Over the past few days, conditions in the upper parts of the atmosphere have allowed us to be treated to a rare glimpse of Nacreous Clouds.
What are they?
Found in the lower stratosphere, these clouds are mainly seen over polar regions in winter, where very cold air – minus 80˚C and lower – condenses the small amount of water vapour present into tenuous clouds. These clouds are normally found at altitudes of around 20 km.
Compared to the water droplets in clouds we see every day in the troposphere, the water droplets which make up Nacreous Clouds are much smaller. Their smaller size means that the way in which they scatter light is different to regular clouds. This gives them their characteristic pearly luminescence, and has led to them sometimes being known as ‘mother of pearl’ clouds.
Nacreous clouds are best seen in the twilight hours, just after sunset and just before sunrise, when the clouds are illuminated by sunlight from below the horizon.
— Anita Nicholson (@AnitaNicholson) February 2, 2016
How rare are they?
As these clouds are more usually seen over the polar regions in winter, it is quite rare to see them as far south as the UK. We usually get to see them for short periods of several days every few years.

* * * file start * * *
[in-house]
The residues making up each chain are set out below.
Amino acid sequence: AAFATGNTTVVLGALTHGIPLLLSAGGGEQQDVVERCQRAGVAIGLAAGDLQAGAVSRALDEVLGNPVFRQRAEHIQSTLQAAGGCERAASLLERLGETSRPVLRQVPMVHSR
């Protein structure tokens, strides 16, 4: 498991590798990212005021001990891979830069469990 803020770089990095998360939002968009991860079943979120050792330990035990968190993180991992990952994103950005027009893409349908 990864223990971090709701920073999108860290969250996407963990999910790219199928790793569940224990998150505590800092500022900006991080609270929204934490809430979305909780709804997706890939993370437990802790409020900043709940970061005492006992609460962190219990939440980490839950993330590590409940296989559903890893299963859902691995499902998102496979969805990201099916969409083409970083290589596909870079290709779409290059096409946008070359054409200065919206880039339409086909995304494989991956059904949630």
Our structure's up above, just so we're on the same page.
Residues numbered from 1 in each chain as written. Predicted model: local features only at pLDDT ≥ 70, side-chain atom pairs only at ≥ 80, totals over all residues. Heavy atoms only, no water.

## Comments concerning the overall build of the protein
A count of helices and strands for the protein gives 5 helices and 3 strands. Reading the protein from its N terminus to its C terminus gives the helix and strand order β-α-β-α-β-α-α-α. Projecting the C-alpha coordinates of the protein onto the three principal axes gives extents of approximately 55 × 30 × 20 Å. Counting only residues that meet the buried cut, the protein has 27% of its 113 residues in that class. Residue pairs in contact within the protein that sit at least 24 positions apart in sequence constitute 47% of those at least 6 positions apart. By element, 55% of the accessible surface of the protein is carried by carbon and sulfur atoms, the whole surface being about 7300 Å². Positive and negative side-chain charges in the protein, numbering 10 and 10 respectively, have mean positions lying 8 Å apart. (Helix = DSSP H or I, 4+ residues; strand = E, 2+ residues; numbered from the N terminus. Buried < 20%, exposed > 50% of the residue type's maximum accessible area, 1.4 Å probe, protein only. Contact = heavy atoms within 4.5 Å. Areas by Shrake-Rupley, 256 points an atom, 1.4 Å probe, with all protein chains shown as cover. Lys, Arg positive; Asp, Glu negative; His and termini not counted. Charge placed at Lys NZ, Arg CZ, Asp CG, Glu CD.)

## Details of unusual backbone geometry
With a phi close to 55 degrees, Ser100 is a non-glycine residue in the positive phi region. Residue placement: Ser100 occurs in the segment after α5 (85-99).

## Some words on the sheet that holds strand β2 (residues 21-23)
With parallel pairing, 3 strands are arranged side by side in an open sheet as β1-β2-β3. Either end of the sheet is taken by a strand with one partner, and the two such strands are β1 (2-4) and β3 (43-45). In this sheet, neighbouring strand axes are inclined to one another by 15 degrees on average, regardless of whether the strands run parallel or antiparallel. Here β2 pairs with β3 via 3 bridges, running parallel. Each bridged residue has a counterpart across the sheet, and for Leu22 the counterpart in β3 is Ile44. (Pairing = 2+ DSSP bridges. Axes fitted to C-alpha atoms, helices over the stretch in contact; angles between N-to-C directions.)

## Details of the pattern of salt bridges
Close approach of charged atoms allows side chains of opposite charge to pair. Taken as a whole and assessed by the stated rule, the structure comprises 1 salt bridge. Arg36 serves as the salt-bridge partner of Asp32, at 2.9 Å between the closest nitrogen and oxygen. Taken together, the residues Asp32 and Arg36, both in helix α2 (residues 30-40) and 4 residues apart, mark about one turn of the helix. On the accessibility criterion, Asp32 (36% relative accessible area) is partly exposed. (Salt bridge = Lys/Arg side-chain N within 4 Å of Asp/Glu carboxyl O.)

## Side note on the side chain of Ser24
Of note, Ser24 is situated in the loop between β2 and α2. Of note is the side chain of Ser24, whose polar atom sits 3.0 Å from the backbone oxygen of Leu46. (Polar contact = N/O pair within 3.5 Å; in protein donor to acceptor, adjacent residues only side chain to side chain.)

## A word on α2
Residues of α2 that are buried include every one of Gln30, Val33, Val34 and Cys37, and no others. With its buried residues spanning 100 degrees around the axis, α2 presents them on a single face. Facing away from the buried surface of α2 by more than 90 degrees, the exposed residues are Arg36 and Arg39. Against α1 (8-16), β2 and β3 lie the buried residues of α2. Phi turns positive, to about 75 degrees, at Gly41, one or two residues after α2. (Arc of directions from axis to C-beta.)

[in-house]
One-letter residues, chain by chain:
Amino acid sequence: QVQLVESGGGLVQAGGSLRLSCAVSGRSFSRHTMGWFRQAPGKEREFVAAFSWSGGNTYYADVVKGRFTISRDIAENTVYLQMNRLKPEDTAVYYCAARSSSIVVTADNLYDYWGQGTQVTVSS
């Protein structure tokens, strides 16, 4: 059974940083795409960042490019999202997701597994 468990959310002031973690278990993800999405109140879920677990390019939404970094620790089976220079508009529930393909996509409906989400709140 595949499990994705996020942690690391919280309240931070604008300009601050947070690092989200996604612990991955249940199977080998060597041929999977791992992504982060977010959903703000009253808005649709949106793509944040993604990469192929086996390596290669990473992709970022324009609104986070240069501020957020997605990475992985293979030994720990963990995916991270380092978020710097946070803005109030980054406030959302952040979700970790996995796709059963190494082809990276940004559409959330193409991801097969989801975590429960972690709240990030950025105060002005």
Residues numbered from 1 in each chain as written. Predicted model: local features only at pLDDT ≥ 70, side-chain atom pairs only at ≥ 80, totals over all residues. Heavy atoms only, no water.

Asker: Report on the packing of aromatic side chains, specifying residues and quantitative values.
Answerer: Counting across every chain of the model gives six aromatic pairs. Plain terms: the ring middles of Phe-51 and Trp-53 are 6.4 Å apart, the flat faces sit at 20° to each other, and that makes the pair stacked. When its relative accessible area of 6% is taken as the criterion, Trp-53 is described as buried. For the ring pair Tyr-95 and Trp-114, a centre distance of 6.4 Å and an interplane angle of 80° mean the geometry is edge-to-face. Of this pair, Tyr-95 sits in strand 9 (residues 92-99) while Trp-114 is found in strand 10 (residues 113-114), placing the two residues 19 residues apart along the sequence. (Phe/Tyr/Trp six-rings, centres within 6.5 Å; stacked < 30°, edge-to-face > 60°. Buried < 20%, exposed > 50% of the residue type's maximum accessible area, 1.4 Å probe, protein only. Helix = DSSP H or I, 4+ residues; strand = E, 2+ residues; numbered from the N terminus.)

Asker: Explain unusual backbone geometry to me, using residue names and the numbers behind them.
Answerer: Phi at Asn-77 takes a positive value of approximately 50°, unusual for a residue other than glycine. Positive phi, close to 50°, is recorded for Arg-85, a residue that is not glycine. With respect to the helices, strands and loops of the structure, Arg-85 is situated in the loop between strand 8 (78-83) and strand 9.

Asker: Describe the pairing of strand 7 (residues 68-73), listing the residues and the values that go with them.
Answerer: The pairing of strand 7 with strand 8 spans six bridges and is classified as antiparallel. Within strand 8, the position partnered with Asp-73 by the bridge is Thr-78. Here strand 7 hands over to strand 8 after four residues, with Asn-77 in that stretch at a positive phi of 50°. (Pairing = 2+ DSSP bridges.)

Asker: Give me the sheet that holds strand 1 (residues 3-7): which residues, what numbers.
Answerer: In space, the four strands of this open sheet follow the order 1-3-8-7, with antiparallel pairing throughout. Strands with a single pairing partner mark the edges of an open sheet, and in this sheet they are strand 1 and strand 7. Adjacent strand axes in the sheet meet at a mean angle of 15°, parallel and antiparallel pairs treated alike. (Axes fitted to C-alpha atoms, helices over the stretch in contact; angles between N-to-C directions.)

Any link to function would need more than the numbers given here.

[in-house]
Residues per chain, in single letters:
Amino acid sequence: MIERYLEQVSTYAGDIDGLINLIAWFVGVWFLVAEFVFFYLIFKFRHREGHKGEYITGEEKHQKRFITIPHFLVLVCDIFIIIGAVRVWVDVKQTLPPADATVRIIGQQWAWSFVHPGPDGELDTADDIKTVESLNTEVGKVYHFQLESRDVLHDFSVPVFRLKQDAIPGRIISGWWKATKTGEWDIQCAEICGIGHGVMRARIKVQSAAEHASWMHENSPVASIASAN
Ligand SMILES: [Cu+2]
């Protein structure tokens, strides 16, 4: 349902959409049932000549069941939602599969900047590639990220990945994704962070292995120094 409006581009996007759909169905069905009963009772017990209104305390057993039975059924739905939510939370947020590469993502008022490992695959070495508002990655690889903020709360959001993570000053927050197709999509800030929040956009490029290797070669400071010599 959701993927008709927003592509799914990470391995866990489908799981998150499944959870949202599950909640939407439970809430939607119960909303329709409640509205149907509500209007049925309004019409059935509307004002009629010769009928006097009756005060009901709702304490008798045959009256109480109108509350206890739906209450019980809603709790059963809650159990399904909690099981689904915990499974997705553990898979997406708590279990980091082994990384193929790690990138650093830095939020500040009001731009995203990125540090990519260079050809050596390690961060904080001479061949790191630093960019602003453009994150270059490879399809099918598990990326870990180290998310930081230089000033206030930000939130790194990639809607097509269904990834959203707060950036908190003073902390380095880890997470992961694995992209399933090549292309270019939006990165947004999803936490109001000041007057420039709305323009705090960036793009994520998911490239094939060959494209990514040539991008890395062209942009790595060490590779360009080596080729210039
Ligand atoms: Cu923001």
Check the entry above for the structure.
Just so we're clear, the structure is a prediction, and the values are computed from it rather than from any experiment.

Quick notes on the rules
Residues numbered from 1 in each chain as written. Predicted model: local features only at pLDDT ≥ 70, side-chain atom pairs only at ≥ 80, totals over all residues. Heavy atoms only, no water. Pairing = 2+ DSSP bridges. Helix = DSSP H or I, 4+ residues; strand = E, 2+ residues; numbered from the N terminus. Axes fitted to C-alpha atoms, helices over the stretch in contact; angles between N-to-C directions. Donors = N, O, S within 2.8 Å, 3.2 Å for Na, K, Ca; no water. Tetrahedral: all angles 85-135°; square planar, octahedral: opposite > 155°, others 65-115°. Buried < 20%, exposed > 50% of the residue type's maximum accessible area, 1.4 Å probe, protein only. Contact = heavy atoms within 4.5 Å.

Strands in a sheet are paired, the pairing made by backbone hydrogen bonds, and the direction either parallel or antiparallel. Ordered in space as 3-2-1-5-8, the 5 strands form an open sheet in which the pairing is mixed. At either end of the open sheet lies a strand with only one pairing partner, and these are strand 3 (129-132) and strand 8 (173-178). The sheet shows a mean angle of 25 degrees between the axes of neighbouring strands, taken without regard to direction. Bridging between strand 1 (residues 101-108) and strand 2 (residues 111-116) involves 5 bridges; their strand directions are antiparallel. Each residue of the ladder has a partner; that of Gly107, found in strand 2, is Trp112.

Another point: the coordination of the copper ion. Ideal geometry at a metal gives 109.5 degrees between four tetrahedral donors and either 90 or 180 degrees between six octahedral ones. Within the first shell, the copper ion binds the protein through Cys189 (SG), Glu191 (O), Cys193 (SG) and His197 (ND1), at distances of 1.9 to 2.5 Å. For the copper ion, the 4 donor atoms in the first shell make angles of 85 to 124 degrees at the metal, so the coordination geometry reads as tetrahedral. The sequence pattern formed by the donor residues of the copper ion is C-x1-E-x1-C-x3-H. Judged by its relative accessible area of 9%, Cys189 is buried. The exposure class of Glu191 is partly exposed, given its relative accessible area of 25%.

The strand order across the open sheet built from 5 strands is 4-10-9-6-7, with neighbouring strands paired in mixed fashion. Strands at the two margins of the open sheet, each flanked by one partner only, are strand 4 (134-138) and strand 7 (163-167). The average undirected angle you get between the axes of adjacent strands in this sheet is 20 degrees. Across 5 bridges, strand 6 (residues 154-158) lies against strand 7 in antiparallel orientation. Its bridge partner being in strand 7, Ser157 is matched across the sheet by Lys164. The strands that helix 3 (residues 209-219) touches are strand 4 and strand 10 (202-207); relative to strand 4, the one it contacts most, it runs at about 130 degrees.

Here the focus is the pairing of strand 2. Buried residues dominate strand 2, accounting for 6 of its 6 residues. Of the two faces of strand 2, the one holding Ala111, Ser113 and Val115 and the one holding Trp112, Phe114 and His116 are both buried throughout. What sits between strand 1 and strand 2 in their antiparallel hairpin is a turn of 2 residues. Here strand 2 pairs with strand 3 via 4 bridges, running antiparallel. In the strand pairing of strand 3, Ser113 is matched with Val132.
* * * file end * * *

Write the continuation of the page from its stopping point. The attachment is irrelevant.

— Danny Spring (@strangequark77) February 2, 2016
Why are we seeing them now?
Currently, we are able to catch sight of them because cold air which usually circulates around polar regions in the stratosphere (the stratospheric polar vortex) has been displaced from its usual position over the north pole to be over the UK.
— Kildare Weather (@LiveNaasWeather) February 2, 2016
How much longer will we be able to see them?
Our weather forecast models indicate the cold polar vortex will remain nearby for the next few days, so we should be able to see Nacreous Clouds when the skies are clear. The position of the vortex shifts towards the end of the week taking the coldest air, and the Nacreous Clouds, away from above the UK.
These clouds are not to be confused with Noctilucent Clouds, which occur much higher up in the mesosphere – near altitudes of 85 km – and in the summertime.